Enter Finn. A member of Thwodin’s Legion, a premiere dungeoning guild, Finn recognizes Colm’s talent, and offers him the opportunity of a lifetime. What twelve-year-old boy wouldn’t jump at the chance to make lots of gold, fight orcs, and get his name out there? At the guild hall, Colm is teamed up with his party, consisting of Lena the Barbarian (who faints at the sight of her own blood), Quinn the Mage (who stutters when he’s nervous, casting unpredictable spells), and Serene the Druid (who’s scared of animals with lots of teeth). They must learn to work together, balancing each others’ strengths and weaknesses, to survive in orc-infested, trap-laden dungeons.

THE DUNGEONEERS was a treat to read. A funny, well-written, fantastical middle grade book great for kids and adults. I do think it’s a tad long, as there are some chapters without a lot of action or story forwarding. But the characters are all developed — all unique, with their own personalities that expand beyond their party roles. I enjoyed watching their friendship grow, and watching them train together. I appreciated that the author put time into showing how a rogue might practice his skills.

THE DUNGEONEERS is the perfect book for when you can’t find someone to play D&D with, or when you want to escape into a dungeon and come out with storybook gold without dodging boring orc traps!

Socialize with the author:

John David Anderson:
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– leeanna

Book Review: The Winner’s Crime by Marie Rutkoski

Book Review: The Winner’s Crime by Marie RutkoskiThe Winner's Crime by Marie Rutkoski
Series: Winner's Trilogy #2
Published by Farrar, Straus and Giroux (BYR) on March 3, 2015
Genres: Fantasy, Romance, Young Adult
Pages: 402
Format: ARC
Source: Amazon Vine
Goodreads
1 Stars
Book two of the dazzling Winner's Trilogy is a fight to the death as Kestrel risks betrayal of country for love.

The engagement of Lady Kestrel to Valoria’s crown prince means one celebration after another. But to Kestrel it means living in a cage of her own making. As the wedding approaches, she aches to tell Arin the truth about her engagement... if she could only trust him. Yet can she even trust herself? For—unknown to Arin—Kestrel is becoming a skilled practitioner of deceit: an anonymous spy passing information to Herran, and close to uncovering a shocking secret.

As Arin enlists dangerous allies in the struggle to keep his country’s freedom, he can’t fight the suspicion that Kestrel knows more than she shows. In the end, it might not be a dagger in the dark that cuts him open, but the truth. And when that happens, Kestrel and Arin learn just how much their crimes will cost them.

Book Review:

I wasn’t a huge fan of THE WINNER’S CURSE last year, but I decided to give the second book in the trilogy, THE WINNER’S CRIME, a try because I was curious about the world. One of my big complaints about book one was the lack of worldbuilding, but there was enough to hook me and leave me wanting more.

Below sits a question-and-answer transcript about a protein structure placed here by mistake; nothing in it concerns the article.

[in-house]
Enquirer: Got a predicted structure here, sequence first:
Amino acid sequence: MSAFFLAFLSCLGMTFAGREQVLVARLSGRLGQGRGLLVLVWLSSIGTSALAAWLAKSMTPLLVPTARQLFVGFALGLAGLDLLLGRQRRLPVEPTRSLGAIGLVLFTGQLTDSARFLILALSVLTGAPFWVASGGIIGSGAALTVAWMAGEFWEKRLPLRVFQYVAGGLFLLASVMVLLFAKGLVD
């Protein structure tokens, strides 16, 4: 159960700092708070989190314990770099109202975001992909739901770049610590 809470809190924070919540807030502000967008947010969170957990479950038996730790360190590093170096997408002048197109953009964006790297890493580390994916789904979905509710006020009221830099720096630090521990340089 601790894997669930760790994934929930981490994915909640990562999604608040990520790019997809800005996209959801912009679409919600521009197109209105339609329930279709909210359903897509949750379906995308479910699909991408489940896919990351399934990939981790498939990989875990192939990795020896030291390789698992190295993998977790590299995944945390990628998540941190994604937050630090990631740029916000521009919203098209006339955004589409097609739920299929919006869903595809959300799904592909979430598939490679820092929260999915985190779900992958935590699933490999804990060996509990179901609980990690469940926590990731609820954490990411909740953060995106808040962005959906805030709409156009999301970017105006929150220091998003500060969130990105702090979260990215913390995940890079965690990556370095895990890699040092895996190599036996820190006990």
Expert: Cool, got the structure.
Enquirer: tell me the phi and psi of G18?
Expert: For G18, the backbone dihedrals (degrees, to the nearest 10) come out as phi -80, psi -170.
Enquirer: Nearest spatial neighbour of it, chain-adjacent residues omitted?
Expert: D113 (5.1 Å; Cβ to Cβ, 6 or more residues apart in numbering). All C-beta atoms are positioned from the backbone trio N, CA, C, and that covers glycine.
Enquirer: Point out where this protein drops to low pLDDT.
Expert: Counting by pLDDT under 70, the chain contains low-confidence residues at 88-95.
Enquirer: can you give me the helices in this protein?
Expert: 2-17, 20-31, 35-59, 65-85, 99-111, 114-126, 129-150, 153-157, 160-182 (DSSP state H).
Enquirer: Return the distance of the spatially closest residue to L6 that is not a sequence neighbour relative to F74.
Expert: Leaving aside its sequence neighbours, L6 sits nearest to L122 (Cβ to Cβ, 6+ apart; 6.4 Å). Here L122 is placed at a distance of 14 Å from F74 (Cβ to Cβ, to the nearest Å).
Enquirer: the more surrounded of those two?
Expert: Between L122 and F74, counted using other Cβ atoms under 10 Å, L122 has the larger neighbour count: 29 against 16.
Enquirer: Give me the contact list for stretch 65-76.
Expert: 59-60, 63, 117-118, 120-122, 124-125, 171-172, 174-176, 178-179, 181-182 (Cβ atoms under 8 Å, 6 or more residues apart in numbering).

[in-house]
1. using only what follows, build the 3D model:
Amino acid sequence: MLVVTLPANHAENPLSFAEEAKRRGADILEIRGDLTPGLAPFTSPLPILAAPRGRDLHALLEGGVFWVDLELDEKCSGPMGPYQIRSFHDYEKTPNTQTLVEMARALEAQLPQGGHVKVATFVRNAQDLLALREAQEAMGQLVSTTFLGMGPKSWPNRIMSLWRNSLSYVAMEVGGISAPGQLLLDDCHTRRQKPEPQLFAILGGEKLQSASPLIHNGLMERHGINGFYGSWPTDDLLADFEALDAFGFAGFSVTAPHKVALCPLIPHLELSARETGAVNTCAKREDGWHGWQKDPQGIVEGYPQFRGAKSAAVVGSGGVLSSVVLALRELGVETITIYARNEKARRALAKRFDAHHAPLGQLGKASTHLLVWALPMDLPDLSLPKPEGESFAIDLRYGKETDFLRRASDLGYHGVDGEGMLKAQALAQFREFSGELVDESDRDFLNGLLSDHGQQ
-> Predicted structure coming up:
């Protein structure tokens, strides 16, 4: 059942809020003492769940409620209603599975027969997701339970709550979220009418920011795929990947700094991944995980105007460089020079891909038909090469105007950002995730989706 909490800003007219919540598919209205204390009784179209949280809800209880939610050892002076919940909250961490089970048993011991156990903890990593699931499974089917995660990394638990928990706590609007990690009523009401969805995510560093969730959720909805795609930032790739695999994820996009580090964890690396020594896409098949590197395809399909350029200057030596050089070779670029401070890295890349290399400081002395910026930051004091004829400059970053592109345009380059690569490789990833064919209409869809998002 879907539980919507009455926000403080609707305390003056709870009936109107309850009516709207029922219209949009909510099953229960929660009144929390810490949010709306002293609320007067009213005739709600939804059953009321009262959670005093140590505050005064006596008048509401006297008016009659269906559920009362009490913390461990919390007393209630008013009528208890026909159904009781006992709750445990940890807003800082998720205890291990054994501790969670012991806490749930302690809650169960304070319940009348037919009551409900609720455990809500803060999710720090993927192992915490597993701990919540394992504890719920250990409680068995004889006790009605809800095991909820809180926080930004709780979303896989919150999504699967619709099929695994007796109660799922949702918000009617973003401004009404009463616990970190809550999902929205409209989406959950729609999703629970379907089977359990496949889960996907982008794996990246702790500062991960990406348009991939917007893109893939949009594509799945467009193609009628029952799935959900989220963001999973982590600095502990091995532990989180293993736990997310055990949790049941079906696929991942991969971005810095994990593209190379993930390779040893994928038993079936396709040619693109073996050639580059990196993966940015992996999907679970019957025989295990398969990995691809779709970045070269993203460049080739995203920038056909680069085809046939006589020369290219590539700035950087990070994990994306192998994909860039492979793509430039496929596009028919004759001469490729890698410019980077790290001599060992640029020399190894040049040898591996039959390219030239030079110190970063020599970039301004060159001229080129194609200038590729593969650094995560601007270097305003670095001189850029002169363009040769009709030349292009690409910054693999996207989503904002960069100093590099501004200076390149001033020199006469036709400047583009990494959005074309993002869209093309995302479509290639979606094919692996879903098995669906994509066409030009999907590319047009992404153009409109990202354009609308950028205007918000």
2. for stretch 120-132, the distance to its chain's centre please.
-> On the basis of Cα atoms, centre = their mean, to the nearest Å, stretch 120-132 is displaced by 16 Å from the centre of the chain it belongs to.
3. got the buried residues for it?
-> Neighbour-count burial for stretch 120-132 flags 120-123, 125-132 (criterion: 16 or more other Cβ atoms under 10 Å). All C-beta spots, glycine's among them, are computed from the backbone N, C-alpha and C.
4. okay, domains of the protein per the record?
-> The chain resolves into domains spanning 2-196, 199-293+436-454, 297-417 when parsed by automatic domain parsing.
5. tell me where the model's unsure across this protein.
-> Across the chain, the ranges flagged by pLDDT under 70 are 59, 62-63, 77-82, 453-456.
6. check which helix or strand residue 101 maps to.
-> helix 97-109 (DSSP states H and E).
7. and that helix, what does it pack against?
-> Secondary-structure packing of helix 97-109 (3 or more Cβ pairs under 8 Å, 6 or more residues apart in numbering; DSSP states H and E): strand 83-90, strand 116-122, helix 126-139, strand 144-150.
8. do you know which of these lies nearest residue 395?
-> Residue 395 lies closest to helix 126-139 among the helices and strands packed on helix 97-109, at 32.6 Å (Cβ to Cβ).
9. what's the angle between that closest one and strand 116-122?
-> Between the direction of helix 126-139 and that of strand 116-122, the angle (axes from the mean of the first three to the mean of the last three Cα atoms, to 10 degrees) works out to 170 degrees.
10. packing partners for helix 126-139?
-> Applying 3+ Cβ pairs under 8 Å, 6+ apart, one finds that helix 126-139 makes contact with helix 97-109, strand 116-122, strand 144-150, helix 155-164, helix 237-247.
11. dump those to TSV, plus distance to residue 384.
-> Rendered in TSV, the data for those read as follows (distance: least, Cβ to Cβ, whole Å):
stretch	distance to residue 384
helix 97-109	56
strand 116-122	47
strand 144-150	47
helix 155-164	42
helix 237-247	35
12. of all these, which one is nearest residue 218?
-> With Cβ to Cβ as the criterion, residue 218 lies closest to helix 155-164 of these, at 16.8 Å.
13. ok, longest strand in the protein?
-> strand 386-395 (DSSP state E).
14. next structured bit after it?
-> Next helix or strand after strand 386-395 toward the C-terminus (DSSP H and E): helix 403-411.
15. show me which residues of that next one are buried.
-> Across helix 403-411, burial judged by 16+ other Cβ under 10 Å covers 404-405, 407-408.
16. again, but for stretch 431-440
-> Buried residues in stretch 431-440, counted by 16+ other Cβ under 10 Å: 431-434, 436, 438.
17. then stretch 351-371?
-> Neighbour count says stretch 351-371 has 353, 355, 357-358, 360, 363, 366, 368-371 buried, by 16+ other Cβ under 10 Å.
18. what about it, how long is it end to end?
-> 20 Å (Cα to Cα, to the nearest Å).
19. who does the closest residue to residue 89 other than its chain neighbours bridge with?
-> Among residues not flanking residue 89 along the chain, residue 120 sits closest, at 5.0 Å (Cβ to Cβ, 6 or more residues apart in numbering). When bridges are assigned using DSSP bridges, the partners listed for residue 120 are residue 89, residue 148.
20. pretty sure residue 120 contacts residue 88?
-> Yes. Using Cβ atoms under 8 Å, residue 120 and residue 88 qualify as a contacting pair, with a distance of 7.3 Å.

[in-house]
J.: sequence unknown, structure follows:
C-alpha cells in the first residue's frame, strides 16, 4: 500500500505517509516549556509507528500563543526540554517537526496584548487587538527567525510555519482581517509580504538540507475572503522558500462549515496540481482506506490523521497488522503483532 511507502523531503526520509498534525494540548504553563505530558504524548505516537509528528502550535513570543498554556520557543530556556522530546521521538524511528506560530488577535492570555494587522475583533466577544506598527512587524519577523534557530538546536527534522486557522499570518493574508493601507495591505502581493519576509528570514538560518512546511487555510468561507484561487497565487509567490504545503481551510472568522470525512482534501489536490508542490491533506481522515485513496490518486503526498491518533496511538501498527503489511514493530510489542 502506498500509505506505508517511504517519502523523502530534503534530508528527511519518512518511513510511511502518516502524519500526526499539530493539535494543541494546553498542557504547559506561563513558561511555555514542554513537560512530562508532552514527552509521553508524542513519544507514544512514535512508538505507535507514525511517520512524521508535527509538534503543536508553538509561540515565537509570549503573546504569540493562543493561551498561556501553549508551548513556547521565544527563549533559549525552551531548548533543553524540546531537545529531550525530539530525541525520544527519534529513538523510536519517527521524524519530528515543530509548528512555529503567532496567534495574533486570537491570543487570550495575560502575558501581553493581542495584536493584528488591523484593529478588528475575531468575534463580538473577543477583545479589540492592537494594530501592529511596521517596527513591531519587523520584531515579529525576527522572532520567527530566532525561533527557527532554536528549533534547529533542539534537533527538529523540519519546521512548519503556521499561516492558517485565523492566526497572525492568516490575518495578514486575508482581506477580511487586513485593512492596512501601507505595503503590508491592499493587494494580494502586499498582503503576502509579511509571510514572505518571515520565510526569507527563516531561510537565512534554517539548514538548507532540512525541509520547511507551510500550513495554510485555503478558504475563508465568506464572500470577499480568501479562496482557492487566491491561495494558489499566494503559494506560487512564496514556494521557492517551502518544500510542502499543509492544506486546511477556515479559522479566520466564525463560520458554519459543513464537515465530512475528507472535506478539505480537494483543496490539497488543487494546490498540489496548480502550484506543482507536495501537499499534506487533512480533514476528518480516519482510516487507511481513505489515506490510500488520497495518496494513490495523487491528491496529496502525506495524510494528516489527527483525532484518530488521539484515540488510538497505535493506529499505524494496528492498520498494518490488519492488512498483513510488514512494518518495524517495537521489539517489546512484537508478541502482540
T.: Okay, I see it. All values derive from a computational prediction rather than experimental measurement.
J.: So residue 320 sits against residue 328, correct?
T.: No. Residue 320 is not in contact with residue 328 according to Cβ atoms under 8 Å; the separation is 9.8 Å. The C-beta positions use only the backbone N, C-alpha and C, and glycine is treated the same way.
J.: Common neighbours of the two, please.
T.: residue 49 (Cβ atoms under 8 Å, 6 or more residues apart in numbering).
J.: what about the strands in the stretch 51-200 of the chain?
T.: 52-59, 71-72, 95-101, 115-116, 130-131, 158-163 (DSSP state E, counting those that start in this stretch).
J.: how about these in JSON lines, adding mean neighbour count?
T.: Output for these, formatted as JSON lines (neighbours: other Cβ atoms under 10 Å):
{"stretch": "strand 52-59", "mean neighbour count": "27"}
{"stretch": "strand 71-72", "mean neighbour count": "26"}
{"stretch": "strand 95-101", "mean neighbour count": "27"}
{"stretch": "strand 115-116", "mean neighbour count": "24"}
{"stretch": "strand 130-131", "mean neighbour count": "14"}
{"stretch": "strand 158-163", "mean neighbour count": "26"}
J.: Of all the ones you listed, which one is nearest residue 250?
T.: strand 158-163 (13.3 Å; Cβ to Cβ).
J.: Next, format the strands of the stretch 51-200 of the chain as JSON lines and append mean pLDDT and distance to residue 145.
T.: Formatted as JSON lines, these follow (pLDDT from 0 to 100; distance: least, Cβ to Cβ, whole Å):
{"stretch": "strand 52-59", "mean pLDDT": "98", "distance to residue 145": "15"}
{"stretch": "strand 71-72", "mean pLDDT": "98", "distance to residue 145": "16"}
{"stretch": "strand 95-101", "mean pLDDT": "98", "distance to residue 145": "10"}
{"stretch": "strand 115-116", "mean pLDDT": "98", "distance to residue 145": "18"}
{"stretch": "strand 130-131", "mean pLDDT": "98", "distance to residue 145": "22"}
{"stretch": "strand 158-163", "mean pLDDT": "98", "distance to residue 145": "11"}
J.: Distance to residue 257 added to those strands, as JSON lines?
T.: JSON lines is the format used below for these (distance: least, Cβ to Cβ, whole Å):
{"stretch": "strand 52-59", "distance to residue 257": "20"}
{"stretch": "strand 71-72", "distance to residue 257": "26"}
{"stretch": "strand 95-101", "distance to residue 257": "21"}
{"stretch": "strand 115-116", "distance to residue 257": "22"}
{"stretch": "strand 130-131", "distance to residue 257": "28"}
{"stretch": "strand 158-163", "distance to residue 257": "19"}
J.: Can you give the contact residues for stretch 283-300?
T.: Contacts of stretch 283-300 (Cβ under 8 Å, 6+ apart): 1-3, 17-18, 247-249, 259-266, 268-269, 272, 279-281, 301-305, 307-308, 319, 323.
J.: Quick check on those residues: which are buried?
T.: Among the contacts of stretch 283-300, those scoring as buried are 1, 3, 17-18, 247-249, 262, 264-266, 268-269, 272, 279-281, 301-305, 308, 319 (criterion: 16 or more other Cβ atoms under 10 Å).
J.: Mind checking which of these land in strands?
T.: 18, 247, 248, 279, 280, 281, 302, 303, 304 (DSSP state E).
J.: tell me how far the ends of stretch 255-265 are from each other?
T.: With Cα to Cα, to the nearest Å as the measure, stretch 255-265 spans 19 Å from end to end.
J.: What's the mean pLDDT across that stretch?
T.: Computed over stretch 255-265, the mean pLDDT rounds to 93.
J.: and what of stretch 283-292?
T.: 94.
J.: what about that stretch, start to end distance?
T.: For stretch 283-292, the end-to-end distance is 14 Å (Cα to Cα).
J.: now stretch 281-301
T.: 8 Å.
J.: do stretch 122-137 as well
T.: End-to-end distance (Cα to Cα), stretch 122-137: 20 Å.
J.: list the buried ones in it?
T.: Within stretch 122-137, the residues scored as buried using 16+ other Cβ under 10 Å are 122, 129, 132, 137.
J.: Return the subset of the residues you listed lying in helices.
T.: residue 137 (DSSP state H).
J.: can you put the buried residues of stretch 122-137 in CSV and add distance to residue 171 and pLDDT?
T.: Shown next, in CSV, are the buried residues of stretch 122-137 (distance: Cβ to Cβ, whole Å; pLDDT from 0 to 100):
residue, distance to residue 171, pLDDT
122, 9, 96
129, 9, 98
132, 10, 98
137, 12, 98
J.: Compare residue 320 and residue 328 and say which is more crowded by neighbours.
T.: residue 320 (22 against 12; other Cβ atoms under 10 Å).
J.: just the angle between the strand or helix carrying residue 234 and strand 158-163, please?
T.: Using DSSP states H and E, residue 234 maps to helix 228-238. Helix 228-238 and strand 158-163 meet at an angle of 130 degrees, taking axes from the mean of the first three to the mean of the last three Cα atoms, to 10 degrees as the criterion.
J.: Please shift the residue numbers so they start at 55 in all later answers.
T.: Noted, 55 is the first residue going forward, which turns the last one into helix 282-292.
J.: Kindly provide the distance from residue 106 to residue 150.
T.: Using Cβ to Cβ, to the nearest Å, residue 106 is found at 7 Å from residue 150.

Unfortunately, I shouldn’t have bothered with THE WINNER’S CRIME. Because I wasn’t a fan of Kestrel and Arin’s relationship in the first book, I really couldn’t stand all the time they spent angsting about each other in this one. THE WINNER’S CRIME is incredibly slow paced, with Kestrel and Arin going back and forth on liking each other, on reasons why they can and can’t trust each other, on why they can and can’t be together. I found Arin to be somewhat of a bully in this book, trying to force Kestrel to admit she likes him when he knows both of their lives are in danger anytime they meet, even in secret.

THE WINNER’S CRIME also has a huge pet peeve of mine. Kestrel is supposed to be incredibly intelligent, but now that she’s in love with Arin, she acts like an idiot. She’s under the Valorian emperor’s nose, and he repeatedly shows and tells her that even thinking about Arin isn’t a good idea if she wants to stay alive. But Kestrel thinks she’s above every warning, and stupidly spies for Herran. For what reason? I have no freaking clue, other than maybe she enjoys putting her life in danger?

THE WINNER’S CRIME suffers from middle book syndrome: not very much happens. Seriously, I think you could skip this book and move right onto the third book if it was available.

Socialize with the author:

Marie Rutkoski:
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– leeanna

Book Review: More Happy Than Not by Adam Silvera

Book Review: More Happy Than Not by Adam SilveraMore Happy Than Not by Adam Silvera
Published by Soho Teen on June 2, 2015
Genres: Contemporary, LGBT, Romance, Speculative Fiction, Young Adult
Pages: 304
Format: ARC
Source: Amazon Vine
Goodreads
5 Stars
The Leteo Institute's revolutionary memory-relief procedure seems too good to be true to Aaron Soto -- miracle cure-alls don't tend to pop up in the Bronx projects. But Aaron can't forget how he's grown up poor or how his friends aren't always there for him. Like after his father committed suicide in their one bedroom apartment. Aaron has the support of his patient girlfriend, if not necessarily his distant brother and overworked mother, but it's not enough.

Then Thomas shows up. He has a sweet movie-watching setup on his roof, and he doesn't mind Aaron's obsession with a popular fantasy series. There are nicknames, inside jokes. Most importantly, Thomas doesn't mind talking about Aaron's past. But Aaron's newfound happiness isn't welcome on his block. Since he can't stay away from Thomas or suddenly stop being gay, Aaron must turn to Leteo to straighten himself out, even if it means forgetting who he is.

Adam Silvera's extraordinary debut novel offers a unique confrontation of race, class and sexuality during one charged near-future summer in the Bronx.

Book Review:

At first, MORE HAPPY THAN NOT seems like a contemporary novel. Yes, it examines some pretty awesome and important things, such as being a possibly gay boy in the Bronx. Aaron starts off the book with a great girlfriend who’s understanding; she held him when he cried after his father committed suicide. But when he meets Thomas, a boy unlike any he’s met before, Aaron starts to wonder — is he gay? Does he love Thomas?